• Other relevant Foundation posts in adult specialties include GP, neurorehabilitation, neurology, palliative care and psychiatry – there are a lot of transferable skills and knowledge you can develop!
  • Charities for children with disabilities are often looking for medically trained volunteers to help with their events, which can be great fun – look at Caudwell Children, Make a Wish Foundation, Dreamflight, Over The Wall, and there will be also be local charities in your area - just have a Google.
  • Look at some of Disability Matters e-learning modules, which cover a range of highly relevant paediatric disability topics; there is a package of modules designed specifically for medical students.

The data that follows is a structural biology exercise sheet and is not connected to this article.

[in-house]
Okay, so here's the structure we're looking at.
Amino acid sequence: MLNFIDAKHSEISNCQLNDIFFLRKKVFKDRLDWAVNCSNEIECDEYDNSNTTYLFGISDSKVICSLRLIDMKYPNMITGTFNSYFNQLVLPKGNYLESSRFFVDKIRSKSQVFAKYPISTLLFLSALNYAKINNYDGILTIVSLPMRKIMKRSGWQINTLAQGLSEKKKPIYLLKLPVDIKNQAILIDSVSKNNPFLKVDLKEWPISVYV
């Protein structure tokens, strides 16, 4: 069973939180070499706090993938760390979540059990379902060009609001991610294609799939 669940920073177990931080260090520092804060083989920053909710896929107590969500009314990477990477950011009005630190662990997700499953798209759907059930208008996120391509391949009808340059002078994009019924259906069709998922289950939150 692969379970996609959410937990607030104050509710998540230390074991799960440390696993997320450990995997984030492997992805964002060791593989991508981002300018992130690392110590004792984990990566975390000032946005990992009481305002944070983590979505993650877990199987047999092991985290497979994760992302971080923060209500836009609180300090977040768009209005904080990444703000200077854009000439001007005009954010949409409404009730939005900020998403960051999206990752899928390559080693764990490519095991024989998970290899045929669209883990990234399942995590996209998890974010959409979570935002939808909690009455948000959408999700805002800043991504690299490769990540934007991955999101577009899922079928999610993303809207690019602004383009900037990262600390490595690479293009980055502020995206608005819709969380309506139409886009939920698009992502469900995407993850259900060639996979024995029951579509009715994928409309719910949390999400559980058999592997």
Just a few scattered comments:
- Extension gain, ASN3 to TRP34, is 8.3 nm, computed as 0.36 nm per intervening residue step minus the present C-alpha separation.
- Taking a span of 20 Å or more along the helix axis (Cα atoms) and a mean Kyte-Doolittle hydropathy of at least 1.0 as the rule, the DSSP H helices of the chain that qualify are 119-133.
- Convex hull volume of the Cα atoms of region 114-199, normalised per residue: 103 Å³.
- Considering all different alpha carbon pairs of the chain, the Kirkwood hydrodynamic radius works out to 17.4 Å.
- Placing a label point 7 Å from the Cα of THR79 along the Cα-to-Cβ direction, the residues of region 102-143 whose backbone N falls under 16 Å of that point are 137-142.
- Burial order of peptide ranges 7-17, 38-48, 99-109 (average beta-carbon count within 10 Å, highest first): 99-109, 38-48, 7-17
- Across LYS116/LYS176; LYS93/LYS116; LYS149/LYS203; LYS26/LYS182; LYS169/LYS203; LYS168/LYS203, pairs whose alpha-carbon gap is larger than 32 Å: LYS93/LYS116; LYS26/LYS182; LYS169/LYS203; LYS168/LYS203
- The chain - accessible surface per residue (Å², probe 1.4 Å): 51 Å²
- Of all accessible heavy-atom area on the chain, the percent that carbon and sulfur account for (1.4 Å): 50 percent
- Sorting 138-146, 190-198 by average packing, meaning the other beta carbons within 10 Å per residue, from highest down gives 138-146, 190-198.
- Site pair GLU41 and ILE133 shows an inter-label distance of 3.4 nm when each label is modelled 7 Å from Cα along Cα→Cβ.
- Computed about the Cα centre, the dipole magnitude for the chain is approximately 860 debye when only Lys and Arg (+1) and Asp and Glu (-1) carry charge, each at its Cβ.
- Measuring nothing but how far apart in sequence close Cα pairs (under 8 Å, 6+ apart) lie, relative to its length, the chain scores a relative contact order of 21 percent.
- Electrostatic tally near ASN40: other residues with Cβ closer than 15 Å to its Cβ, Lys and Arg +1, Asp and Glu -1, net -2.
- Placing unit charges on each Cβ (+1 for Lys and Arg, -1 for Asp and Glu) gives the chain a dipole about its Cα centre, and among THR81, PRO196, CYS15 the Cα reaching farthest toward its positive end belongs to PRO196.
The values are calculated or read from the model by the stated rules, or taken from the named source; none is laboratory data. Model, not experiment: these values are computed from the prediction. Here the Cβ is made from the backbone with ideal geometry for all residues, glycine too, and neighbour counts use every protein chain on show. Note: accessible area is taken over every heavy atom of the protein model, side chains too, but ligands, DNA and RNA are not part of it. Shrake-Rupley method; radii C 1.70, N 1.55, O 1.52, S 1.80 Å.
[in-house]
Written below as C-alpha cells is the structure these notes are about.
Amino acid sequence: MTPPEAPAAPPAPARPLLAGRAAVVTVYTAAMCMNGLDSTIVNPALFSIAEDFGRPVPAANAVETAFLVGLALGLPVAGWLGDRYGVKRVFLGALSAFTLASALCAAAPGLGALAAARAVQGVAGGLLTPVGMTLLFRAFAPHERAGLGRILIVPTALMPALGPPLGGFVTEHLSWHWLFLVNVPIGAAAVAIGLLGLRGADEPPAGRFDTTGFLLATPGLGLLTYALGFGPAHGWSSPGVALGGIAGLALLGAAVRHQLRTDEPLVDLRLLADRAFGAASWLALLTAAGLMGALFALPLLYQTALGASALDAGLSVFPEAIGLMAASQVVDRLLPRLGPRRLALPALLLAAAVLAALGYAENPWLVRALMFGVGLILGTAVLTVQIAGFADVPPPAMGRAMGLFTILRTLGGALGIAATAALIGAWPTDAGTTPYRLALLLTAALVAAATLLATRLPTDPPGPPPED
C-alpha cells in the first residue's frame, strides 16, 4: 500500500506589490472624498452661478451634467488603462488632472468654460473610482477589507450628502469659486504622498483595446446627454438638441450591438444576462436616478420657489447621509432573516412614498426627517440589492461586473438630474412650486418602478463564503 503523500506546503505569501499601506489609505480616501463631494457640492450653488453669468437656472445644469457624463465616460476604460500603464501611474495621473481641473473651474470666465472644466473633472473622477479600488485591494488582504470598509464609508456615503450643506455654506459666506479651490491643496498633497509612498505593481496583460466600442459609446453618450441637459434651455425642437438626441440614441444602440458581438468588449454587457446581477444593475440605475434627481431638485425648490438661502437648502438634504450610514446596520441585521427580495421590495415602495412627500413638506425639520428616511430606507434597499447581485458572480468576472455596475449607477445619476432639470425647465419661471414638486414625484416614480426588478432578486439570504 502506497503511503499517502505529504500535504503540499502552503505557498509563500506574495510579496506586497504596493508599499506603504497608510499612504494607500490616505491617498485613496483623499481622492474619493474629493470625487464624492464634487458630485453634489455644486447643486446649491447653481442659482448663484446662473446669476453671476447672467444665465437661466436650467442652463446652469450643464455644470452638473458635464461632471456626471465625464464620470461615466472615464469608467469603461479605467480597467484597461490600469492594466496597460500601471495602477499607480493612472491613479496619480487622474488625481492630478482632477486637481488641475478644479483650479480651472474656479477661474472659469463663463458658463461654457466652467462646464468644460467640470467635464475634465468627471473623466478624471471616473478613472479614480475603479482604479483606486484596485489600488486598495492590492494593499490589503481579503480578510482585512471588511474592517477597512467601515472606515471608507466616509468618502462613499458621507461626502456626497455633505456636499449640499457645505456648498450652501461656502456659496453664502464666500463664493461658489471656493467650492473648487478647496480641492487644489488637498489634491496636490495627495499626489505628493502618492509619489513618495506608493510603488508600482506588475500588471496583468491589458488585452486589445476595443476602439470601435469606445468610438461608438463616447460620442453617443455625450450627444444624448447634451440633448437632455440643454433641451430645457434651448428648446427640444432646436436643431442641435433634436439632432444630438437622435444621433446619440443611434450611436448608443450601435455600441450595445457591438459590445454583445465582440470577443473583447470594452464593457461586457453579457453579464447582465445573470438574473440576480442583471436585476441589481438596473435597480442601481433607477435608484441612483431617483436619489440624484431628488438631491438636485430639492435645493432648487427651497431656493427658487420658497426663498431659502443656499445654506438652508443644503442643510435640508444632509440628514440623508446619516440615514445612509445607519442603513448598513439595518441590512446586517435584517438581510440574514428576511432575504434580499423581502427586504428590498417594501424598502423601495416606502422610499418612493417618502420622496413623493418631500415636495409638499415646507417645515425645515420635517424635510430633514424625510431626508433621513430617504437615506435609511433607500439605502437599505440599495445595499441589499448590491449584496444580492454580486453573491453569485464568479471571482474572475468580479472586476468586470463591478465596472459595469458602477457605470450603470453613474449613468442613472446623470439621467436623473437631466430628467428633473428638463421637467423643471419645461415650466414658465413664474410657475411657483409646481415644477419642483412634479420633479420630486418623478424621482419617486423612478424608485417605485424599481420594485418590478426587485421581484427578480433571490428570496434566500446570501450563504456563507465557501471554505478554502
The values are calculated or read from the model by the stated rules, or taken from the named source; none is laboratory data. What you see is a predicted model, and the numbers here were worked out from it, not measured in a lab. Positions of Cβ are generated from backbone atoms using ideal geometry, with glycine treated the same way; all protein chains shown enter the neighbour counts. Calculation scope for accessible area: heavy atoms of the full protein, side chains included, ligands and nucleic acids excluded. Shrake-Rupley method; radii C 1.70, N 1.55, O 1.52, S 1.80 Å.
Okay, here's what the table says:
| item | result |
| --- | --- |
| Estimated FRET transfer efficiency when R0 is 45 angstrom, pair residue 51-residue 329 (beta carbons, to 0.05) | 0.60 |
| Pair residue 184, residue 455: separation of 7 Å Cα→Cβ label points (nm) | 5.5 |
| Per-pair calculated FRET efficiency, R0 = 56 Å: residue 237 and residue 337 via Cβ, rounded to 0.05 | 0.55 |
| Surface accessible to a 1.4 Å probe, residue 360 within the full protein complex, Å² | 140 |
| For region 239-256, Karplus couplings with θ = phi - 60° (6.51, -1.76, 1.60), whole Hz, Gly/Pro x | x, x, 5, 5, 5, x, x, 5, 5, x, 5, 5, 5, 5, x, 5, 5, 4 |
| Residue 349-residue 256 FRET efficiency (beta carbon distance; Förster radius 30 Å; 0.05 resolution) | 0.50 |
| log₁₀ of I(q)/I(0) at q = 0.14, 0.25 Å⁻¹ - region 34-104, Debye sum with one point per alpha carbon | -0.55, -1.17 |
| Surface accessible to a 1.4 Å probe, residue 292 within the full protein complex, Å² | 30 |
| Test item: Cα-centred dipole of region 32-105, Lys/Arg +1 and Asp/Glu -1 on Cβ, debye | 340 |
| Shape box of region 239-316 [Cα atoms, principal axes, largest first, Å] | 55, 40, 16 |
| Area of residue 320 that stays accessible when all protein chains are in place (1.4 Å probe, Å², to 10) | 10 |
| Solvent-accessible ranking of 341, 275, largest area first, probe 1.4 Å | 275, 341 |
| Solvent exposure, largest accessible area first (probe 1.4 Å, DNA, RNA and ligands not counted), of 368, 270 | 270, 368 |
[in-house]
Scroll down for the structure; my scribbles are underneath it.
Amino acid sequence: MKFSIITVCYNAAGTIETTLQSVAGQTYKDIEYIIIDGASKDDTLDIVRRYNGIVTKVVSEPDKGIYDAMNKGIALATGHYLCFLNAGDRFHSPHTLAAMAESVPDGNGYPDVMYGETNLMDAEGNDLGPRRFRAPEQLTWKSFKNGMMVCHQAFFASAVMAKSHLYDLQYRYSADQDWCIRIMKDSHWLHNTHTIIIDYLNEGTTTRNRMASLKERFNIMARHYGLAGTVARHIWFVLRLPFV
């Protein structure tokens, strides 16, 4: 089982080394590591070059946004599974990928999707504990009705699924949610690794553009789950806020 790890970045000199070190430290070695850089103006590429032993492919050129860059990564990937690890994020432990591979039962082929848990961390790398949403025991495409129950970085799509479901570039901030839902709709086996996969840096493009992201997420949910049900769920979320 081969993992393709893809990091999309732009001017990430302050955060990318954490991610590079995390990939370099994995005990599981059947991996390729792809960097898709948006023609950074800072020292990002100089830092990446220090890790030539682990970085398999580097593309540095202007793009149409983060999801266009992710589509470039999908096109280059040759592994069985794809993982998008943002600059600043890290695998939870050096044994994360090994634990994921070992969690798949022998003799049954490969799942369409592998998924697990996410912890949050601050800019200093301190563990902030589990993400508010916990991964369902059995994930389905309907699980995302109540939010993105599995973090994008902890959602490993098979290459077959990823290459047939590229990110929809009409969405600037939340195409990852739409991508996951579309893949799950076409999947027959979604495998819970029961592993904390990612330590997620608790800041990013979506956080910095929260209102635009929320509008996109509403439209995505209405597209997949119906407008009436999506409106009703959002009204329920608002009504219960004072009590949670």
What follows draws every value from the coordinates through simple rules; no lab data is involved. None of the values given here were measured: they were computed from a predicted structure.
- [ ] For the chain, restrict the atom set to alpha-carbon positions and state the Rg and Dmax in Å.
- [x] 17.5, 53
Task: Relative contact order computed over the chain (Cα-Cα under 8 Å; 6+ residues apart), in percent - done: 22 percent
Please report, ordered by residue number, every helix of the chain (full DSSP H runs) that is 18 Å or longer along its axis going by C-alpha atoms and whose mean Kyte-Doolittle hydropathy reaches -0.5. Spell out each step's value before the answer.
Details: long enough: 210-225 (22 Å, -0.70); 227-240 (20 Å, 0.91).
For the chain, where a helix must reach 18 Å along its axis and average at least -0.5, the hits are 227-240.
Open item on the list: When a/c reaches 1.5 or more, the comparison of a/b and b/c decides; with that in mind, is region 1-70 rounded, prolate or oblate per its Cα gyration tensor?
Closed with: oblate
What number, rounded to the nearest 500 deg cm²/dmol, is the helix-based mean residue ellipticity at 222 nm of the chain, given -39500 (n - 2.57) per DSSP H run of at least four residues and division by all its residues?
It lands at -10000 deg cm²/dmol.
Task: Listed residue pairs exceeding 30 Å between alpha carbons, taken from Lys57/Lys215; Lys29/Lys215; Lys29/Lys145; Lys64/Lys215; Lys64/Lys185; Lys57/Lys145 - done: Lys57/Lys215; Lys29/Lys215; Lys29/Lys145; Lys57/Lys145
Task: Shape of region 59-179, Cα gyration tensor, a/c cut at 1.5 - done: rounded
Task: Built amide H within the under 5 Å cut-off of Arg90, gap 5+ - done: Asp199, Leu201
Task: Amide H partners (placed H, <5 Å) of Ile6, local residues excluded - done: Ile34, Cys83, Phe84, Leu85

• Join the BACD – the BACD is the UK’s only multidisciplinary organisation for those working in the field of childhood disability; benefits of joining include regular newsletters and emails to keep up to date, access to resources, discounts on BACD educational meetings and opportunities for meeting others who are passionate about children and young people with disabilities.
  • All of the local BACD regional representatives are happy to be contacted for further information about opportunities to gain neurodisability experience and to find out more about neurodisability. Find out if there are any projects that you can get involved with or any local study days you can attend.
  • Come to the annual BACD trainees’ day and chat to trainees about their training so far.  

Please get in touch!

The BACD has two trainee representatives, Kate Harvey and Katy Wood. Kate and Katy are very happy to answer your questions about paediatric training and paediatric neurodisability - please email [email protected]

British Academy of Childhood Disability is registered in England and Wales under charity number 1177868